End impunity for crimes against journos: FNJ
Kathmandu, November 2
The Federation of Nepali Journalists today said that as many as 36 journalists were killed in Nepal since 1996 when Maoist insurgency started.
A press release issued by FNJ on the occasion of the International Day to End Impunity for Crimes Against Journalists, stated that five journalists had been disappeared during the period. “Of the 36 journalists, the government has done justice to only five by initiating action against the culprits. The government seems to be doing nothing in the case other victims. Even in the case of five disappeared, the victim parties still await justice,” stated the release.
According to International Federation of Journalists, two media workers have been murdered each week on average this year — 73 to date, making it likely the number of those killed will meet or exceed that of 2017 when 82 media workers were murdered. The biggest reason people continue to do it is because they know they can get away with it.
As long as impunity is at 90 per cent, most people think they are not going to be held to account for it. In 2013, the United Nations designated November 2 as International Day to End Impunity for Crimes against Journalists, yet the impunity rate has remain unchanged, even as attacks are increasing.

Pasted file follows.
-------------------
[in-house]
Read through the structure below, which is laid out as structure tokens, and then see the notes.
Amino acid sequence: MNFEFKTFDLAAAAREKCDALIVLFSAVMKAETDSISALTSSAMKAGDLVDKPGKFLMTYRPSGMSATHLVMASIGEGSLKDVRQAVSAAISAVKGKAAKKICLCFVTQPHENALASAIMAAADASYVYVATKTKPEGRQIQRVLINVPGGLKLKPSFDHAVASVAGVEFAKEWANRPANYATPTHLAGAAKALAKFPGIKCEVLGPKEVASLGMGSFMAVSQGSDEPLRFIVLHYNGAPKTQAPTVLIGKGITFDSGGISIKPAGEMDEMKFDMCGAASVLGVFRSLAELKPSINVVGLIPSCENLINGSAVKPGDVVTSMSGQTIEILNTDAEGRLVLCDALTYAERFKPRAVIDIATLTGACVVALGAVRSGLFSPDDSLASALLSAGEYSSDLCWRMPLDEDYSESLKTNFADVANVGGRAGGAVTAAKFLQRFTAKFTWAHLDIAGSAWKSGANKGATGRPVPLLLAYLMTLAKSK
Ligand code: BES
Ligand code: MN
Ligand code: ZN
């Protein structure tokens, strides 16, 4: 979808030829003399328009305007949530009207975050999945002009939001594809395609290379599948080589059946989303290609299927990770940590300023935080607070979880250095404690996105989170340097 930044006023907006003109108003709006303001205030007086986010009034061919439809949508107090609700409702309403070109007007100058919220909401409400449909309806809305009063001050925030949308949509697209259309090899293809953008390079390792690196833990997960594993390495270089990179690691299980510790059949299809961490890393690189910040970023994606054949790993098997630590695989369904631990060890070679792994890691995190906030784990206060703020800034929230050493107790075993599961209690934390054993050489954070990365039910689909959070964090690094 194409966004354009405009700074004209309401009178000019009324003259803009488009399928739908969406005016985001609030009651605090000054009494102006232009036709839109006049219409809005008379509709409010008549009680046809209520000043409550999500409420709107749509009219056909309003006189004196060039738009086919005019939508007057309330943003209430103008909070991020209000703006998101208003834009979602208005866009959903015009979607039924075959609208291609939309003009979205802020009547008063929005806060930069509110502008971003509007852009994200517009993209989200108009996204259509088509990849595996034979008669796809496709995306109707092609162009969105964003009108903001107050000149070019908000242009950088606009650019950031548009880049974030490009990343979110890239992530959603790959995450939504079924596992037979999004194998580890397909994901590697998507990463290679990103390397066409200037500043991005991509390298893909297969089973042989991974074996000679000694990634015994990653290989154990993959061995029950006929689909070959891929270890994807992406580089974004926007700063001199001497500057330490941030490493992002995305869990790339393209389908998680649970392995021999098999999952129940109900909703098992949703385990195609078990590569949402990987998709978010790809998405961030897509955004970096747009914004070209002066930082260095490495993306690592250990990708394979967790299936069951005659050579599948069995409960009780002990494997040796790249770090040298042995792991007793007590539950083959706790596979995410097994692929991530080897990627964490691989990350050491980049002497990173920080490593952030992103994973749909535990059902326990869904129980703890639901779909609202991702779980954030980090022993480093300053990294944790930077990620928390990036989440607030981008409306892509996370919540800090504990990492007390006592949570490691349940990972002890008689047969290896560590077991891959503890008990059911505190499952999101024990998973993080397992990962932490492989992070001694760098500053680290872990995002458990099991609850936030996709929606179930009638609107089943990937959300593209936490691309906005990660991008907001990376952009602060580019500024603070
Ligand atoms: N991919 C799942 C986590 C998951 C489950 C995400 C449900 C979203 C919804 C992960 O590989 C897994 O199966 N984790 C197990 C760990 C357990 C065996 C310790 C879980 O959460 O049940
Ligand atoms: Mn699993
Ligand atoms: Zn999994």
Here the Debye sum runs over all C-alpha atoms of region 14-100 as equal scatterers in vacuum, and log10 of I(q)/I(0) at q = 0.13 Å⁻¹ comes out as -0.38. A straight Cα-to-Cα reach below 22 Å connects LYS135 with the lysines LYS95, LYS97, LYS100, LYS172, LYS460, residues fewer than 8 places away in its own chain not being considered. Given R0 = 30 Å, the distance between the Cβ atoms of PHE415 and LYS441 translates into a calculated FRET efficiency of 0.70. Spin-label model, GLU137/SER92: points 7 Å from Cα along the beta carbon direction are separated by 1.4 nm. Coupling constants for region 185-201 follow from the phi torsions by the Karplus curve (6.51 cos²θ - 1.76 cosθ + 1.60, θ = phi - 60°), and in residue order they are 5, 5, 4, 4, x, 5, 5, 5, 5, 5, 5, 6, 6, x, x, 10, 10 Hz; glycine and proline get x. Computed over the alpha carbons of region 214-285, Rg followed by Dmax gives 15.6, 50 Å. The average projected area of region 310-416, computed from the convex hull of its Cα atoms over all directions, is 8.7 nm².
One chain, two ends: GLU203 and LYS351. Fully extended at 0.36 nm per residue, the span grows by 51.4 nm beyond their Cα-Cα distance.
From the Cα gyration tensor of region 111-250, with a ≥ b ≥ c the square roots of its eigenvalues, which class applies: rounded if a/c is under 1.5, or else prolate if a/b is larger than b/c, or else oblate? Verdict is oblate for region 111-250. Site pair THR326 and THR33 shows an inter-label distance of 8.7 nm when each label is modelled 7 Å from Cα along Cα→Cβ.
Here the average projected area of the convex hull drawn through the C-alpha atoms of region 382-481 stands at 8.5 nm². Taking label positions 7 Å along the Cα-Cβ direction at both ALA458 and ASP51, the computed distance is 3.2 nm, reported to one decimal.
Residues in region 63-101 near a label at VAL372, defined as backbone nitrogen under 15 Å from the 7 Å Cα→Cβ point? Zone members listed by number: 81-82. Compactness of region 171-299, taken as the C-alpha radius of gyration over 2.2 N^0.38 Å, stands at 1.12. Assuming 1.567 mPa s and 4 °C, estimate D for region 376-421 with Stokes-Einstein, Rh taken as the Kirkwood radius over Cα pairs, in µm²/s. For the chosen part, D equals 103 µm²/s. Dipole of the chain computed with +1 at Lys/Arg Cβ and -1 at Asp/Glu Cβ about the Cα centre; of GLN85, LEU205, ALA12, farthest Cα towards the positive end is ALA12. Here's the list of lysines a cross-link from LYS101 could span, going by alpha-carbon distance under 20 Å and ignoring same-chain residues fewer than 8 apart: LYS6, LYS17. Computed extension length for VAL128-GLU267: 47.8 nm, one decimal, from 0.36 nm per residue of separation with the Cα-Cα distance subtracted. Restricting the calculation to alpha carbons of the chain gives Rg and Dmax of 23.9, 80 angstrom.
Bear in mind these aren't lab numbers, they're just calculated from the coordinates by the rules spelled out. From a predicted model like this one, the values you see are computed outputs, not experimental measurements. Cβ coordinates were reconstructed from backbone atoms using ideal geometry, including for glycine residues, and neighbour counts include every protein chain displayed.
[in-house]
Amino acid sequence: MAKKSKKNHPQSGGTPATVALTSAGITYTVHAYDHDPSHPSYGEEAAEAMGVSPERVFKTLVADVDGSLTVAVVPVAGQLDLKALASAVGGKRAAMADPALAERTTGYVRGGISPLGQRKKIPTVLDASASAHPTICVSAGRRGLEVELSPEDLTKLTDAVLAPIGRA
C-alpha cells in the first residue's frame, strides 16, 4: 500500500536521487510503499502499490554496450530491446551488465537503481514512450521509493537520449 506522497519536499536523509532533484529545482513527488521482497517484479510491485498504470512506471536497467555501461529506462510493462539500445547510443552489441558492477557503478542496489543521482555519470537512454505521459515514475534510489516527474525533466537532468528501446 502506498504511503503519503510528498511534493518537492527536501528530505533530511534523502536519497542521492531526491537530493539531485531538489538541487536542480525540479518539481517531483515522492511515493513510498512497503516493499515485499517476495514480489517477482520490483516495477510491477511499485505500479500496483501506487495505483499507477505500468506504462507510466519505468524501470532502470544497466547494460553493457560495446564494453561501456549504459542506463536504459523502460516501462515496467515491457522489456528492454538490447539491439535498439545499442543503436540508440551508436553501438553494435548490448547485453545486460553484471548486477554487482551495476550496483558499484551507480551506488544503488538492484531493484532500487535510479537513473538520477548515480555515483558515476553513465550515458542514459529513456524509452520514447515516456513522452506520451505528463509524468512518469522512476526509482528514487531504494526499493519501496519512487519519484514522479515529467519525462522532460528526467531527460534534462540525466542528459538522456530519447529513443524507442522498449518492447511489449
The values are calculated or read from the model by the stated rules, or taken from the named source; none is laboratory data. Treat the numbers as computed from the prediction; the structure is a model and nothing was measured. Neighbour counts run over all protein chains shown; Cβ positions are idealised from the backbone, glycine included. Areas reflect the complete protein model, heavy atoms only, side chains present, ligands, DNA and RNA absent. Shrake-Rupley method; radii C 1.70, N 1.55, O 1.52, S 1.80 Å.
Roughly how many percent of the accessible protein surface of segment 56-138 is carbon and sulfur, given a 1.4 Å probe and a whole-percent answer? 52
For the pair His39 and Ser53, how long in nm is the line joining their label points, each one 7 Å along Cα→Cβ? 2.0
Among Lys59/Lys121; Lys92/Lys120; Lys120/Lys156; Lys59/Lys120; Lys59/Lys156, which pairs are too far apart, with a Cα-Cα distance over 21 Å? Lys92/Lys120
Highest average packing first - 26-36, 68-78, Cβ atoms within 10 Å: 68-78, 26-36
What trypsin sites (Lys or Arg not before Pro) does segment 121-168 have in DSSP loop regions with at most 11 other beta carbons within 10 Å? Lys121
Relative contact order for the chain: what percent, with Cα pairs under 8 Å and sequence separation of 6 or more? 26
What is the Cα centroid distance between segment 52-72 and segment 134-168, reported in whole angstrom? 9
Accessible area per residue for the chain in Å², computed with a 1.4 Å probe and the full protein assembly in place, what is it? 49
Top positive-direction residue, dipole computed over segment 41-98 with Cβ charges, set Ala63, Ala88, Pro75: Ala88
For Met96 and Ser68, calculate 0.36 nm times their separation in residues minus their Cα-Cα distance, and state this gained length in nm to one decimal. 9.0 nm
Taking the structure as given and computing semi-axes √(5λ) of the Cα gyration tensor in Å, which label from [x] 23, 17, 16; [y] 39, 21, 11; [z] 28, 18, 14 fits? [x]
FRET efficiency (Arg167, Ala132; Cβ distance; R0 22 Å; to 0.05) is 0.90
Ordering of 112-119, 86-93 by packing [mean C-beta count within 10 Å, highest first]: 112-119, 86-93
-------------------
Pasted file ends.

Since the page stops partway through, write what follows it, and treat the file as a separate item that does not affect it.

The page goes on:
Similarly, FNJ warned that press freedom violations continued in the country. A total of 1,807 incidents of press freedom violations were reported over a period of 10 years in Nepal. “Perpetrators of only a few cases have been brought to book while letting others off the hook. Most of the cases are settled through mutual understanding. The failure to punish the guilty even after their identification has contributed to press freedom violation,” said FNJ.
However, the FNJ report shows gradual improvement in press freedom as cases of violation in the fiscal 2017-18 decreased by 10 compared to previous fiscal’s 73. Since mid-April this year, 35 cases of press freedom violations have been recorded by FNJ.
Meanwhile, FNJ has urged the government and all concerned parties to put an end to attack of all forms on journalists and media, initiate action against those involved in murder of and attack on journalists, make public the status of those disappeared and guarantee press freedom. In the World Press Freedom Index, 2017, published by Reporters Without Borders, Nepal was ranked 106th with a global score 33.02 among 180 countries, six places down from 2016.